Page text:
Are you passionate about an issue, candidate, or cause? Would you like people to hear and consider your unique idea for solving a problem in your community?
Persuasive writing and speaking skills can help! Learn to craft clear, convincing opinions on issues that matter. Bring effective storytelling to your letters to the editor, blog posts, and personal conversations.
Most of us need a little help thinking through our ideas, questioning our prejudices, and crafting compelling arguments. Join us and discover new ways to get your ideas placed in the forums you want — such as Letters to the Editor in the newspaper.
Thursday, June 7, 2018
Sisters Library Community Room
Deschutes County Library
Workshop is free; donations would be appreciated, going to the nonprofit New Oregon Arts and Letters.
Presented by Indivisible Sisters
Your workshop leader is Tiffany Lee Brown, a.k.a. T. Since age twelve, she’s placed letters to the editor in papers such as the Eugene Register-Guard and the Bend Bulletin. She’s been quoted, sourced, or tweeted by The Washington Post, NPR, Entertainment Weekly, San Francisco Chronicle, NBC News, and the Wall Street Journal, among others.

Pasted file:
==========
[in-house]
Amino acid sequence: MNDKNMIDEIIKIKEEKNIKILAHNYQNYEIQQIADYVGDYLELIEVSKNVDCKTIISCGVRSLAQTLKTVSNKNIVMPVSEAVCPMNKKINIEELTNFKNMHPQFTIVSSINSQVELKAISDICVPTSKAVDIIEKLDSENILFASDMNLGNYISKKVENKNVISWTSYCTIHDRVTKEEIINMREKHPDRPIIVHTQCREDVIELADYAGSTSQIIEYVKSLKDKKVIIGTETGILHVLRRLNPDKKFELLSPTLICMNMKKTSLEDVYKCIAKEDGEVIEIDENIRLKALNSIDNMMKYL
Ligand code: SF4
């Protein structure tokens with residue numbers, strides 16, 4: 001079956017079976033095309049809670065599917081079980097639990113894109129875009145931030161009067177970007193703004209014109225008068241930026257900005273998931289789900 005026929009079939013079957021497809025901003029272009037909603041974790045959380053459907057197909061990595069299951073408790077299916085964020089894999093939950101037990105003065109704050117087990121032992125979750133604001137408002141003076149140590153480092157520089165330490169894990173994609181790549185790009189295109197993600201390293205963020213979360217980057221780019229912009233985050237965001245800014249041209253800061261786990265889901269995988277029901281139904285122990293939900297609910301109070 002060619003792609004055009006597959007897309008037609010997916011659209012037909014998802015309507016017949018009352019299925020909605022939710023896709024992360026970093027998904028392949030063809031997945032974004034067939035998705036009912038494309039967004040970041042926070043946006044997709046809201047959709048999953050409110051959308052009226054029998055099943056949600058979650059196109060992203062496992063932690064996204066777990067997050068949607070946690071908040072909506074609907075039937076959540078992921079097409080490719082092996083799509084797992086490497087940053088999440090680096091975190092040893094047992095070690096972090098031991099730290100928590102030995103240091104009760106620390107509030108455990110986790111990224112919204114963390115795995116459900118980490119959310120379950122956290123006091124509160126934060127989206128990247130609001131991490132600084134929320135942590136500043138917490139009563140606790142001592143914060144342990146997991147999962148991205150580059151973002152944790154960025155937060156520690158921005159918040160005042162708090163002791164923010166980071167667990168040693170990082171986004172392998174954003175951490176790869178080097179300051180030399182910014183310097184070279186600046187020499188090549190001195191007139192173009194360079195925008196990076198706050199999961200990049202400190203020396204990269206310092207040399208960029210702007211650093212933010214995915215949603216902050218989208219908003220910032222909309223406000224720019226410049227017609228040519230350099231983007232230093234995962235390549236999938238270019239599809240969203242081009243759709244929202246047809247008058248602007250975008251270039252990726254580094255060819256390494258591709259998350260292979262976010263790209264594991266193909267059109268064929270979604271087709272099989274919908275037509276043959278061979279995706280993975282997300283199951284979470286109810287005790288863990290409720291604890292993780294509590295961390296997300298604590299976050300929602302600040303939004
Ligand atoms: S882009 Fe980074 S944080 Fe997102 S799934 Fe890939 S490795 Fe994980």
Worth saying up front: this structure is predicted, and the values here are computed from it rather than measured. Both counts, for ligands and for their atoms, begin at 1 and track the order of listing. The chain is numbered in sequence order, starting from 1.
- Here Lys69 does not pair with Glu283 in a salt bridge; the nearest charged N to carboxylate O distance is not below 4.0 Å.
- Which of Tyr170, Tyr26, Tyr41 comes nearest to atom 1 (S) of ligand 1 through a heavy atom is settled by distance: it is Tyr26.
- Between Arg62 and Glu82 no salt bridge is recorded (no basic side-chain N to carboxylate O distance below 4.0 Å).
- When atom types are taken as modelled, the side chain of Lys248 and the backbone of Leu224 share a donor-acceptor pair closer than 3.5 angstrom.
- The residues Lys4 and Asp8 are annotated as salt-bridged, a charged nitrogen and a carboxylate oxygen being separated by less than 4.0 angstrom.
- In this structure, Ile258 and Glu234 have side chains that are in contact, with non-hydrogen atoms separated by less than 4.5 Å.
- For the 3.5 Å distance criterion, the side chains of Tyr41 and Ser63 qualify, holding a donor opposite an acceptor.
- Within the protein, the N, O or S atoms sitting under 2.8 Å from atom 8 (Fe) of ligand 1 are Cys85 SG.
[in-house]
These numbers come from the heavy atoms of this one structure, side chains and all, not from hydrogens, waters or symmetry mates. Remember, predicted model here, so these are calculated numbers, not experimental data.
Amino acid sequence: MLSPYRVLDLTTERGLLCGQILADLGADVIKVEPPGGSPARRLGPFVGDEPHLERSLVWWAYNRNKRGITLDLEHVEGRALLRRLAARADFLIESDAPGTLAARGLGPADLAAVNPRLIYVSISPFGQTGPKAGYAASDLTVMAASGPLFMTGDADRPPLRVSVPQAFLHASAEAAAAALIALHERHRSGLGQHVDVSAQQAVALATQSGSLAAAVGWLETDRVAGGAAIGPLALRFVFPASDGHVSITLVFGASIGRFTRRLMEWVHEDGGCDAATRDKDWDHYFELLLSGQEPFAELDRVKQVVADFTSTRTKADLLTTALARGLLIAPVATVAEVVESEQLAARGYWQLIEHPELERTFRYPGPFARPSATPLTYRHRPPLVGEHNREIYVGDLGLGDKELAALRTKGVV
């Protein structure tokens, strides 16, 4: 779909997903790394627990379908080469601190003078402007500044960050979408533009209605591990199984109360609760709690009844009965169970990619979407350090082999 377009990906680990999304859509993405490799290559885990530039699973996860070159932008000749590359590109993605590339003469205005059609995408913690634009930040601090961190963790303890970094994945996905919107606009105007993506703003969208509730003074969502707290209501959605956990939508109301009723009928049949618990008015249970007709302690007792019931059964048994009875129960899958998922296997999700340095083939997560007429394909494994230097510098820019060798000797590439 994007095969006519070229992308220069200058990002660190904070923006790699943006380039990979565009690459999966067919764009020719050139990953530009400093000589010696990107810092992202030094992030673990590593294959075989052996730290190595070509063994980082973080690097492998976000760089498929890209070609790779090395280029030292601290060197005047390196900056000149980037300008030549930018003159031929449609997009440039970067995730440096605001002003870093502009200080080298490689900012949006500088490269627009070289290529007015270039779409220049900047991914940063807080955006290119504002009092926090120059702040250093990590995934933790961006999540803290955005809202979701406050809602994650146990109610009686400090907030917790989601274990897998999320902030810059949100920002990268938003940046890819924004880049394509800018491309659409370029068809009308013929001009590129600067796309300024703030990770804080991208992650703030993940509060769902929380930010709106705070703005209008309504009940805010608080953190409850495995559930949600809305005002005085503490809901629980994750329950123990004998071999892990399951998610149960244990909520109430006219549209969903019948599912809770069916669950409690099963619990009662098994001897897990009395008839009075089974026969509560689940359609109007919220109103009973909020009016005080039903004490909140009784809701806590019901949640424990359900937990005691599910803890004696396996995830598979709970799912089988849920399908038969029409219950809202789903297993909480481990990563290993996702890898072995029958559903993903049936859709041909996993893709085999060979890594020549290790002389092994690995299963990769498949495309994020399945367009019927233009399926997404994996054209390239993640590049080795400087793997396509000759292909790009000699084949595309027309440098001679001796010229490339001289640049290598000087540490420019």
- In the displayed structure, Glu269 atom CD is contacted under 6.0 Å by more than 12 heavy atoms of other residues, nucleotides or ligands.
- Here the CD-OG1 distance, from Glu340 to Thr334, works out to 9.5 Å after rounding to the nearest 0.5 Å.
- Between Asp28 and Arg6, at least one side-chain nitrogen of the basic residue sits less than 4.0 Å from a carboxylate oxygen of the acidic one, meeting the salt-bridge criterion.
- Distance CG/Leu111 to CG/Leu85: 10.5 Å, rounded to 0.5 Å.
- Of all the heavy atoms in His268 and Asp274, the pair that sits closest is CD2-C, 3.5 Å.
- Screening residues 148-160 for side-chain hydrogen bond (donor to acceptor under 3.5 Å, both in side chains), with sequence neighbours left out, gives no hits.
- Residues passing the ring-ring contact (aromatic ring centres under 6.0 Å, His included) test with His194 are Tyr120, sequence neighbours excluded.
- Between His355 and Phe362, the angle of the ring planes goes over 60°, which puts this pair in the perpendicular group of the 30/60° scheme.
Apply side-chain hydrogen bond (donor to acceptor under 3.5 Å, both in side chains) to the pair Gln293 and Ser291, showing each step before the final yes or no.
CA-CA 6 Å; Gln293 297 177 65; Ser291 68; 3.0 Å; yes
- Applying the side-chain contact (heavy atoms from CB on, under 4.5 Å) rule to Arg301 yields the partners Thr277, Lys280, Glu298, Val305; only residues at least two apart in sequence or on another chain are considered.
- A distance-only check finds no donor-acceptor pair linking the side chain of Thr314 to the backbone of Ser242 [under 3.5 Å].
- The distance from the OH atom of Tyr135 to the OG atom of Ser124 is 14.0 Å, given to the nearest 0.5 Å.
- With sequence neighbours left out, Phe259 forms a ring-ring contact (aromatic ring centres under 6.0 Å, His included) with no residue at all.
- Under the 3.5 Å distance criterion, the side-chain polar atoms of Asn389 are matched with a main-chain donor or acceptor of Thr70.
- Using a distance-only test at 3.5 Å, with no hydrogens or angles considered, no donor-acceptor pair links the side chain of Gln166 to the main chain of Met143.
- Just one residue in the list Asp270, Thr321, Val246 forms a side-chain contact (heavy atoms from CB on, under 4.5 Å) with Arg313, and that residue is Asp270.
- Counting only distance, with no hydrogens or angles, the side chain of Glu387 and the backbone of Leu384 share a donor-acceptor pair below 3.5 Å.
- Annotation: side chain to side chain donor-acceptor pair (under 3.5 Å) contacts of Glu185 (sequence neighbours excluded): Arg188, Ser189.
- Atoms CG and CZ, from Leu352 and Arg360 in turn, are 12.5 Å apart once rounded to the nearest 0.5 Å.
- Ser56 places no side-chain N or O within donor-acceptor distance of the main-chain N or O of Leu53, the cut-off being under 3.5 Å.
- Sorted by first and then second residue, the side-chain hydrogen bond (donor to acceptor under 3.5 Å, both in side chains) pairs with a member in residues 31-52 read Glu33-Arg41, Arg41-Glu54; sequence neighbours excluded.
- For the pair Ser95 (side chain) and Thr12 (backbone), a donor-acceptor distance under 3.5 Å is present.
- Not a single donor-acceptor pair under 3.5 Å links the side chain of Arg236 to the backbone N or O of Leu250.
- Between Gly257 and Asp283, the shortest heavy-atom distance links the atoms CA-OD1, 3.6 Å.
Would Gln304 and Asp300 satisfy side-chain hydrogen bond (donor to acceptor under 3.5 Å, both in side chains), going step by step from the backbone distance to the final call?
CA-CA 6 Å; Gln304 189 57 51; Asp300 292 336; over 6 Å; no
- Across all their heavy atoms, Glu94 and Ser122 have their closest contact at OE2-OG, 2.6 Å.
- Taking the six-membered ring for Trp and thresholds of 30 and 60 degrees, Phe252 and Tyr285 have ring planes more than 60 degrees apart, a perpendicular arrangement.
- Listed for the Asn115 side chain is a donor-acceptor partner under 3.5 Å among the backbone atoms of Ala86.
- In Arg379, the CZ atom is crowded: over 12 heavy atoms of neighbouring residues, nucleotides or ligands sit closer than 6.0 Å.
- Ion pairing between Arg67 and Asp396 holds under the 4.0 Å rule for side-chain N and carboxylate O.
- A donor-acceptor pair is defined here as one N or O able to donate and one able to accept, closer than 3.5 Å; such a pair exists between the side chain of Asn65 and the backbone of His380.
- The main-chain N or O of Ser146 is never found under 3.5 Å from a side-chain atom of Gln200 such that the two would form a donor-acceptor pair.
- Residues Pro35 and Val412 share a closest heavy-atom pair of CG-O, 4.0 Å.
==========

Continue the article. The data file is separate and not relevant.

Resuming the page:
As a freelance writer and editor, T has written for publications like Wired, Bookforum, Oregon Humanities, Utne, Willamette Week, and Whole Earth Review. She was a regular columnist for Bookforum and frequent Op Ed writer for The Oregonian. Her work appears in various books and anthologies, and on websites including Boing Boing and Syfy.com. She recently began writing for The Nugget, the local newspaper in Sisters, Oregon.
T also helps businesses and nonprofits craft their messaging and take a strategic approach to branding and editorial issues. As Senior Writer for the New York offices of the agency Organic, she edited the musician Sting’s first website. Here in her home state of Oregon, she frequently collaborates with the design and branding firm Plazm, on projects for clients including Nike, Fort George Brewery, and the Pacific Northwest College of Art.
Most recently, she helped launch Kid Made Camp, where Central Oregon kids learn to run a real business! They make food and crafts, then sell them at local farmers markets. See kidmadecamp.com for more.